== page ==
There is no one in the small, family farm or ranch community—yours truly, included—who hasn’t complained, sniveled or laughed about the dinner plate disconnect between the American public and their food.
One morning, recently, three young adults were waiting at our front gate. They wanted to partake in the process a lamb follows to become guest-of-honor and main course at an evening meal.
Each was from the Millenial Generation—an age, all too often, associated with self-absorption, computer games and minimal connection with the natural world.
However, one glance as they stepped out of the car and it was obvious none of them deserved that label.
There was a confident sparkle in their eyes, a genuineness in their smiles and a high level of authenticity in their body language. It was readily apparent they were comfortable in their own skins. And—BONUS!—they brought a delightful, well-behaved and very interested kindergartner and third grade boy with them.
You bet, we were thrilled to show them how it all worked.
The selection and dispatch of the lamb was quiet, quick and efficient. The youngest lad wasn’t interested in the details; he was busy introducing himself to our three stock dogs. His older brother asked questions while he viewed the entire process. However, judging by the queasy look on their mother’s face, she had a slightly more difficult time.
Yours truly was concentrating on answering the visitor’s questions while the lamb’s nerves were running their final messages throughout its body. Unused to an audience, I had difficulty focusing on the animal’s final moments. Just then, the other young woman jumped into the pen and assisted while I continued my narrative.
“Thanks for your help,” I said afterwards, “it looks like you’ve done that before.”
“Not really,” she said, “perhaps it comes from some ancient DNA knowledge.”
Eager to learn, both women began sorting the offal on a table—heart, liver, kidney—a package for each, and then home to their dinner plates. Then, they got to work cleaning and washing the intestinal tract for sausage recipes they wanted to try.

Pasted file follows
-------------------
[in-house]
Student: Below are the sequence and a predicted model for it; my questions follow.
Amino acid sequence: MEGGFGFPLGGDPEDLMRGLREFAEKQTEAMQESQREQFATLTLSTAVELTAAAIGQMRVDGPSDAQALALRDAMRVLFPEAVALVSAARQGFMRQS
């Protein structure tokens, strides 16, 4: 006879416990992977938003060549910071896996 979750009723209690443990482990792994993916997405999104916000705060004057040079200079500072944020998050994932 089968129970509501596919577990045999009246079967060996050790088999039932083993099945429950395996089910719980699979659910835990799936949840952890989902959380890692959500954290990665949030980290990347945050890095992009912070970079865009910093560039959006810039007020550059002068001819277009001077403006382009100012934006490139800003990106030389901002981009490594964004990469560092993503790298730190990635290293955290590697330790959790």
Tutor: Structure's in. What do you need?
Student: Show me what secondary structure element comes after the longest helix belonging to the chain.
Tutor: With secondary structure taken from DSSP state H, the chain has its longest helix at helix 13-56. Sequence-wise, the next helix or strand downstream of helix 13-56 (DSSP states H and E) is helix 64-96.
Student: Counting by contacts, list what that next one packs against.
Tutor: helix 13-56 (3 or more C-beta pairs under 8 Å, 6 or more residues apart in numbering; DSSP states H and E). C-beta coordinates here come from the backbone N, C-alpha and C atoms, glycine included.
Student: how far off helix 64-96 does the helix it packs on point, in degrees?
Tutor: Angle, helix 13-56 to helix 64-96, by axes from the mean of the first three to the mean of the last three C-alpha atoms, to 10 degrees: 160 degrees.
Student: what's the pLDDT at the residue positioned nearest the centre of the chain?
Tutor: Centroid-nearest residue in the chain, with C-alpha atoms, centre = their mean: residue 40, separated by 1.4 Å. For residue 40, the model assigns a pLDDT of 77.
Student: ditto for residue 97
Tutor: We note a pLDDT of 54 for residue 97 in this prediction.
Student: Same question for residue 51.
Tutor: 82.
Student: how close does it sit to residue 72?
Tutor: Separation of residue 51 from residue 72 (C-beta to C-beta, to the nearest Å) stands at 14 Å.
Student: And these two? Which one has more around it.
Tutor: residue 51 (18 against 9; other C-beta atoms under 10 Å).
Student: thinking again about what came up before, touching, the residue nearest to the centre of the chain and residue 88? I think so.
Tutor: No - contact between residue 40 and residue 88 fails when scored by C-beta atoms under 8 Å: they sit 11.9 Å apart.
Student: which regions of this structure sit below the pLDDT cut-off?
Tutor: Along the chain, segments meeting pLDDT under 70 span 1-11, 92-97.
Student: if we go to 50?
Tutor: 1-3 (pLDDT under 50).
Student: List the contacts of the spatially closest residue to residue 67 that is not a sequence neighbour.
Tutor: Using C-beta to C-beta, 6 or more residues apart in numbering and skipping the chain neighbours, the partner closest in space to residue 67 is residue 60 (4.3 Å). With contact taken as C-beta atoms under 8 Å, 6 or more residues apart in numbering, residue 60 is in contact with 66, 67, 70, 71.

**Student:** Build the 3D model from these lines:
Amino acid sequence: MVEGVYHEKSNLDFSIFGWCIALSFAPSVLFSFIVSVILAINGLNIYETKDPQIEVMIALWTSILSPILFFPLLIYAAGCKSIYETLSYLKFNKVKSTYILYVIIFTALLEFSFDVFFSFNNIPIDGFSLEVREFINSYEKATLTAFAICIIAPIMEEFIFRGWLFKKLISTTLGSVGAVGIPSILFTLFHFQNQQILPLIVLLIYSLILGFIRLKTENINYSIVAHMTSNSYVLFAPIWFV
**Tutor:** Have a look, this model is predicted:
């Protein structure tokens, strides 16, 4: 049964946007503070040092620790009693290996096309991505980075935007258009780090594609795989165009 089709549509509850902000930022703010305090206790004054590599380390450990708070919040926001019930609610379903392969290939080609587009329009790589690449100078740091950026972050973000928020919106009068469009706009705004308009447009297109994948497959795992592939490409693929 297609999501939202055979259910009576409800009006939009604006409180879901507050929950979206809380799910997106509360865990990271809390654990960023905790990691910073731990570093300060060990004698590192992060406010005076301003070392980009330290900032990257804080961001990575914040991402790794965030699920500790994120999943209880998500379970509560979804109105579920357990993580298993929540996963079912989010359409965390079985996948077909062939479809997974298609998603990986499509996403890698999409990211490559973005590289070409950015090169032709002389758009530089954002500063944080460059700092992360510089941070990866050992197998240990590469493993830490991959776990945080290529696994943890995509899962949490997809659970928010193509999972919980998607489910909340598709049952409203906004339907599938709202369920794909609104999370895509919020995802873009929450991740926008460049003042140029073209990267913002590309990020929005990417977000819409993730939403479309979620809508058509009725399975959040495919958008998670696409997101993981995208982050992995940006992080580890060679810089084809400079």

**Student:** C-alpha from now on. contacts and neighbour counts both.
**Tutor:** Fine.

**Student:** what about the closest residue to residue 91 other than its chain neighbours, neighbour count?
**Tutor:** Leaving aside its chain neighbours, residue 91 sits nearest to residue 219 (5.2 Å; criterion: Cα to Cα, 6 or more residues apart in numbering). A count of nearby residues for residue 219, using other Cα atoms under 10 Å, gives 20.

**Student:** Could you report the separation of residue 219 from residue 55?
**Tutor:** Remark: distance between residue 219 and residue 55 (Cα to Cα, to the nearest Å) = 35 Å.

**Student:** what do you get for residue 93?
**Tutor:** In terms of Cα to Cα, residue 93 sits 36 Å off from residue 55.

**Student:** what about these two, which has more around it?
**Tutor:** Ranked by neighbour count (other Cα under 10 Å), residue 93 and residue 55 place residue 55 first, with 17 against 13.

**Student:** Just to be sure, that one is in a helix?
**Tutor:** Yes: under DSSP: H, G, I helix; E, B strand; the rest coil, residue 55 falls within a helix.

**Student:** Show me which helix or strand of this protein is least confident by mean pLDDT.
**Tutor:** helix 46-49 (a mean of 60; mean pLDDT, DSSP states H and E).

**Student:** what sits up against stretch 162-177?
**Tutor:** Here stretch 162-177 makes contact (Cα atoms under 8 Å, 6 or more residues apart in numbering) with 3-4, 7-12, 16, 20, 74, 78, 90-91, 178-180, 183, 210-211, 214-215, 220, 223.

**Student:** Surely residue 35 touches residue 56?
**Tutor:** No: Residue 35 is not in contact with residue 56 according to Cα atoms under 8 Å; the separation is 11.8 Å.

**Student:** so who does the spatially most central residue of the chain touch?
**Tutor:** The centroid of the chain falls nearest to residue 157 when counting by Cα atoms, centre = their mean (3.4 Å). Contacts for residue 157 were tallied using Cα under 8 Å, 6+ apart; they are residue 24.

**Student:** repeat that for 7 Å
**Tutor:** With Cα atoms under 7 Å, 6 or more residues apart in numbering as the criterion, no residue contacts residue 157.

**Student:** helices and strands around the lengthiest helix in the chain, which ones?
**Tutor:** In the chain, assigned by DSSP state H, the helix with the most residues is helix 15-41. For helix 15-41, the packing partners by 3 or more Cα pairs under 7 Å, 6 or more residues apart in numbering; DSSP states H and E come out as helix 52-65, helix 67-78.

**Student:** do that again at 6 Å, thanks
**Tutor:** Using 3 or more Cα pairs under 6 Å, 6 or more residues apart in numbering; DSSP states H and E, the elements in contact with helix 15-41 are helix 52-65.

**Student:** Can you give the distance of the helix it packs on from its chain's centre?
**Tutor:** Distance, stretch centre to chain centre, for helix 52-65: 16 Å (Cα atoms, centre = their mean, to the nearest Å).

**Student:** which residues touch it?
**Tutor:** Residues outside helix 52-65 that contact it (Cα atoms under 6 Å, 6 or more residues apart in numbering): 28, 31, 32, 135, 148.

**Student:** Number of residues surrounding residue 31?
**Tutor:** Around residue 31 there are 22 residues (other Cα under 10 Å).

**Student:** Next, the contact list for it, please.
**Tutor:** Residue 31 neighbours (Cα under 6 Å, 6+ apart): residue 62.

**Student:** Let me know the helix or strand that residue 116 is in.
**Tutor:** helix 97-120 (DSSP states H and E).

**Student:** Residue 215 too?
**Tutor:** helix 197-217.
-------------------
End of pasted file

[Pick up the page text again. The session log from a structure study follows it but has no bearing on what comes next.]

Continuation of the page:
Throughout the entire time, Louie Van Patten, a young, high-powered, oils artist from Burns, took photographs for a documentary series he’s considering.
Meanwhile, when the boys weren’t standing around asking questions about the half-skinned carcass, they occupied themselves with a comparative anatomy lesson. First, they examined the teeth on the former lamb and compare them to the teeth on one of our more patient stock dogs. After that, they checked with their mother, noting the differences in the shapes of her teeth.
As our pre-cooking training session neared completion, we broke everything down with a meat saw into sub-primal cuts and gave them a final wash. Then we filled a cooler with the contents for the trip to their new home.
We found the youngest boy and our junior stock dog had become fast friends. They’d been wrestling in the barnyard. Every time the lad relaxed his guard, the young dog—much to the boy’s delight—would jump in, slurping the back of his head with her tongue.
We, of course, apologized to his mother for sending him home with a new cowlick—in this case—dog lick.
As everyone went out the gate, we thanked them for stopping by and confirming there are a few more people in the country who understand that the death of an animal need not be hard or an ugly thing and that the processing of meat matters to the individual, the public and the entire world.
Sometimes the winds of change are fitful and tiny, little gusts. Even so, blowing in your direction, they’re sure refreshing.
If you’d like to read more stories of Bing’s stories about the rural American West, visit http://dustydogcafe.com/ To see work by artist Louie Van Patten’s, visit http://www.louievanpatten.com/